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How to Wean a Baby and Introduction to Solid Foods

Weaning is the gradual process of introducing semi-solid food while continuing with breast milk or infant formula milk.

Weaning means introducing a range of foods gradually until your baby is eating the same foods as the rest of your family.

When to start weaning:

The ideal time to start weaning is after 6 months of age.

How to know a baby is ready for weaning:

  • Baby shows interest in foods and can sit up.
  • Baby opens his mouth when food is offered.
  • Baby can turn head away when he is full.
  • Baby can pick up foods for self feeding.

Important points should be kept in mind while preparing and feeding a baby :-

  • Allow the infant to become familiar with the food before trying to give another.
  • Introduce one food at a time.
  • Give very small amounts of any new food at the beginning.
  • Use a very thin consistency when starting solid foods.
  • Variety in choice of foods is important.
  • Give freshly prepared food. Allow the baby to feed self, using their fingers, as soon as they show an interest.
  • Encourage the baby to chew, even if they don’t have teeth, by giving finger foods.
  • Finger foods provide chewing practice and encourage babies to feed self. It is a gradual process of introducing first Liquid foods followed by Semi solids and Solid foods.

Process of weaning:

  • First start with Liquid Foods(Milk, Fruit juice, Soups, Dal water)
  • Then start with Semi-Solid Foods (Mashed banana, Rice flour, Khichdi, Kheer)
  • Lastly include Solid Foods(Rice, Roti, Dal with vegetables, Bread)

Important dos and don’ts:

  • Use only clean utensils
  • Cooked food should be covered to protect it from the flies and dust
  • Use prepared feed within half an hour
  • Discard unused feed
  • Never leave baby alone when eating.
  • Figure out the foods the baby is allergic like nuts,soy,gluten,cow milk etc.

Introducing Solids For Babies

According to the World Health Organization the right age to wean our baby is around six months .Till six months babies get enough nutrition from breast milk. Some babies though are hungrier and start losing or not gaining weight beyond 4 months, and they would have even started crawling by then, if this happens we would recommend weaning at or after 4 months of age. However, introducing solid foods before 4 months is not recommended, as your baby can not digest food properly.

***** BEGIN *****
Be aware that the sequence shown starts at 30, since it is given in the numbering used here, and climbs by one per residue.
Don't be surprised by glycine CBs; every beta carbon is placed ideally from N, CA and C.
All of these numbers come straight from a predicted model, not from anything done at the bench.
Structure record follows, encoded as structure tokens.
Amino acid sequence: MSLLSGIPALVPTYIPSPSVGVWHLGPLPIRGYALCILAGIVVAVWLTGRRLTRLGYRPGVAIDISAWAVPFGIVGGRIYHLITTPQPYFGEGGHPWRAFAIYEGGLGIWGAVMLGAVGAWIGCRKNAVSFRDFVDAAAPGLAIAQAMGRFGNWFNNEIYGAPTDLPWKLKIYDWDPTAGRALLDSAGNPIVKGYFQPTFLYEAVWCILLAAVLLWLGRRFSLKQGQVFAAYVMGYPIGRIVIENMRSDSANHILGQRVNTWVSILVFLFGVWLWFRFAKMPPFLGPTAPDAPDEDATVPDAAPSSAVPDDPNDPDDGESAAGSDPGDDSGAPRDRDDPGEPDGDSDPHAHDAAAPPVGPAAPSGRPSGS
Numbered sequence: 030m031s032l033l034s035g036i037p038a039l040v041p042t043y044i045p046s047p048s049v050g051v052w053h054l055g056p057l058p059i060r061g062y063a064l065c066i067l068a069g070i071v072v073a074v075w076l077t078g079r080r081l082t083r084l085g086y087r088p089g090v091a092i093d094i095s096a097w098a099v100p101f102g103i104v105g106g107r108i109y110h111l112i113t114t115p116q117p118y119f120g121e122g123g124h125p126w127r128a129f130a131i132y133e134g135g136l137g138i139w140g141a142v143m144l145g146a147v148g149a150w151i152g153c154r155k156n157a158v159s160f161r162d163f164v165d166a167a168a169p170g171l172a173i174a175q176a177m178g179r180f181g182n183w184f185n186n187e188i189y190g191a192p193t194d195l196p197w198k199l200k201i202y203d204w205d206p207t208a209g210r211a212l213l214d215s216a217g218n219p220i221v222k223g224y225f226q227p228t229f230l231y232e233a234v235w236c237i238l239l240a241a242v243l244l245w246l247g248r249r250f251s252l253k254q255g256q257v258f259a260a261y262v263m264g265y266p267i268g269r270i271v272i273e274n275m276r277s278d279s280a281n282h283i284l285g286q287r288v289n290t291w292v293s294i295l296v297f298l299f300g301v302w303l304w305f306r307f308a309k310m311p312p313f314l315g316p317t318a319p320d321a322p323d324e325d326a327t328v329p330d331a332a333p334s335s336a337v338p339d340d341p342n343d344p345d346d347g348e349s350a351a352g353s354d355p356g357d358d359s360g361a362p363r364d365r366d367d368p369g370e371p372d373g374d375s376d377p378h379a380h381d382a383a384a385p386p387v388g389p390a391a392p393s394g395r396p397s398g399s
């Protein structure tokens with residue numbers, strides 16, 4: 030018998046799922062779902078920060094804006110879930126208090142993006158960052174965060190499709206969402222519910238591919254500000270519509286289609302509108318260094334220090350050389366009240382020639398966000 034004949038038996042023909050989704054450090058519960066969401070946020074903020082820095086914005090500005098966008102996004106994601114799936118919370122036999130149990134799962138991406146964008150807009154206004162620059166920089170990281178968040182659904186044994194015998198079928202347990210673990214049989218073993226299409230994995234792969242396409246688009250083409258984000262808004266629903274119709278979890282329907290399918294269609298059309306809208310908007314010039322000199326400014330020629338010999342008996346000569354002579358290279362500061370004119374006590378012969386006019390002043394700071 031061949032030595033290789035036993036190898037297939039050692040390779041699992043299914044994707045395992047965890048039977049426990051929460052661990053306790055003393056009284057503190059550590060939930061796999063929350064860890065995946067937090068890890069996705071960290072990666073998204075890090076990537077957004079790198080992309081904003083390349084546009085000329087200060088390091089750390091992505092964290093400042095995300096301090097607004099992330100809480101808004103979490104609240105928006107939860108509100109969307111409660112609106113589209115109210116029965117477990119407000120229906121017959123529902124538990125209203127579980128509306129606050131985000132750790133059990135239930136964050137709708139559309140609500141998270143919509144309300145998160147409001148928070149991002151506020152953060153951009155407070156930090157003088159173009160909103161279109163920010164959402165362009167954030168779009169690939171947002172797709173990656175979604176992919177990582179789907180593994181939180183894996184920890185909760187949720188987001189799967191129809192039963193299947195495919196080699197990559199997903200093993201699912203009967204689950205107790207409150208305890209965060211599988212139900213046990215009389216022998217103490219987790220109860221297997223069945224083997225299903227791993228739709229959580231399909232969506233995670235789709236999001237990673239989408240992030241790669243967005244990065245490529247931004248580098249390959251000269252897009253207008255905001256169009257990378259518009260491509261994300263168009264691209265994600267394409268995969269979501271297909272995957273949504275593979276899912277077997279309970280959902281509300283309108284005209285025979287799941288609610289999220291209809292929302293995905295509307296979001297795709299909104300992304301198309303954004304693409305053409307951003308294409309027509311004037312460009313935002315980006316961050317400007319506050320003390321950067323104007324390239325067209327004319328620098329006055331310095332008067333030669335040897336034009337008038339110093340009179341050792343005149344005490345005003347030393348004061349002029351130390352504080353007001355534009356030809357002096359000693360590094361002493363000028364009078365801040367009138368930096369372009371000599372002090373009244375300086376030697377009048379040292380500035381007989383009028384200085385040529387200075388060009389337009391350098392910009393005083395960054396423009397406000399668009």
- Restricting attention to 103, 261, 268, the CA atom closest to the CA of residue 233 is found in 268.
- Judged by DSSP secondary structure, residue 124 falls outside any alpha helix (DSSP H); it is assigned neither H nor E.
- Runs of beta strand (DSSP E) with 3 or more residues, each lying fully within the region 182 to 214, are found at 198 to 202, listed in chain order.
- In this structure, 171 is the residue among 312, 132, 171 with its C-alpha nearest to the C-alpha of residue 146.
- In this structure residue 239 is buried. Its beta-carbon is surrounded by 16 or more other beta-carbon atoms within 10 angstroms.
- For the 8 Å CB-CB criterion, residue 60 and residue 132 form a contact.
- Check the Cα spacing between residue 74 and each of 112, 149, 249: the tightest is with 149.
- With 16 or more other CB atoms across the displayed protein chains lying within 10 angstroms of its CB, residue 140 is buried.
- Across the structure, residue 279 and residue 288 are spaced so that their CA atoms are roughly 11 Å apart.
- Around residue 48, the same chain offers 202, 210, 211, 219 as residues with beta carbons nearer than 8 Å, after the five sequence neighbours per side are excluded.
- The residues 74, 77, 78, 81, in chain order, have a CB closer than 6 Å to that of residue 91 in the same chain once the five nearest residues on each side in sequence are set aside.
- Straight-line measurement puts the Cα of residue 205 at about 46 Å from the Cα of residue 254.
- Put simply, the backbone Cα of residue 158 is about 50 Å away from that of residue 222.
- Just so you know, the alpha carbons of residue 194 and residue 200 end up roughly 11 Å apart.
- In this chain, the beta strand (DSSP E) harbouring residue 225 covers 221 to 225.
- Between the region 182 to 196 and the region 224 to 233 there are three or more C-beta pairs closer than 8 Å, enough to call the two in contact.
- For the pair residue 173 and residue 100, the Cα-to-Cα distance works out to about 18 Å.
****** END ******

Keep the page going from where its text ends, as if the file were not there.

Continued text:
The Golden Weaning Rules

  • Get the order – Always start with carbohydrates first and then protein. For vegetarians it is pulses and legumes unlike non vegetarians who can introduce chicken, fish and meat, and fats are the last food to be introduced to babies. Never introduce egg white or cow’s milk in to their diet until the age of 1 year.
  • Start weaning with either fruits or vegetables pureed, or rice or raagi cooked using plain boiled water. After a week or so, move to vegetables such as carrot or sweet potato, or vice versa if you have started with the cereals first.
  • Don’t mix flavours- Start your baby on single rather than mixed food’s. Mixing flavours at this stage can blur a child’s sense of taste. You can use a part of the vegetables you cook for yourself, just puree them individually for the first couple of months of weaning.
  • Encourage for self-feeding. The aim is to get your baby to feed himself as soon as he can pick up and hold food.
  • Increase their water intake. When baby’s starts on solids they need more water.  Avoid any other drinks apart from milk, fruit juices is another good source of water.
  • Know when they have had enough. If you are using a spoon, and after eating well your baby turns his face away or looks down, then stop feeding. It is a sign that you are over feeding him.
  • Eat with them. Put your baby in a high chair as soon as he can sit up unaided and have him eat with you. Eating with the family will encourage your child to try a wider range of food items.

Salt: Never add any salt to the foods you give to your baby because their kidneys cannot cope with it.

Sugar: Sugary foods and drinks are not recommended for babies under a year, as they can encourage a sweet tooth and lead to decay when teeth come through.

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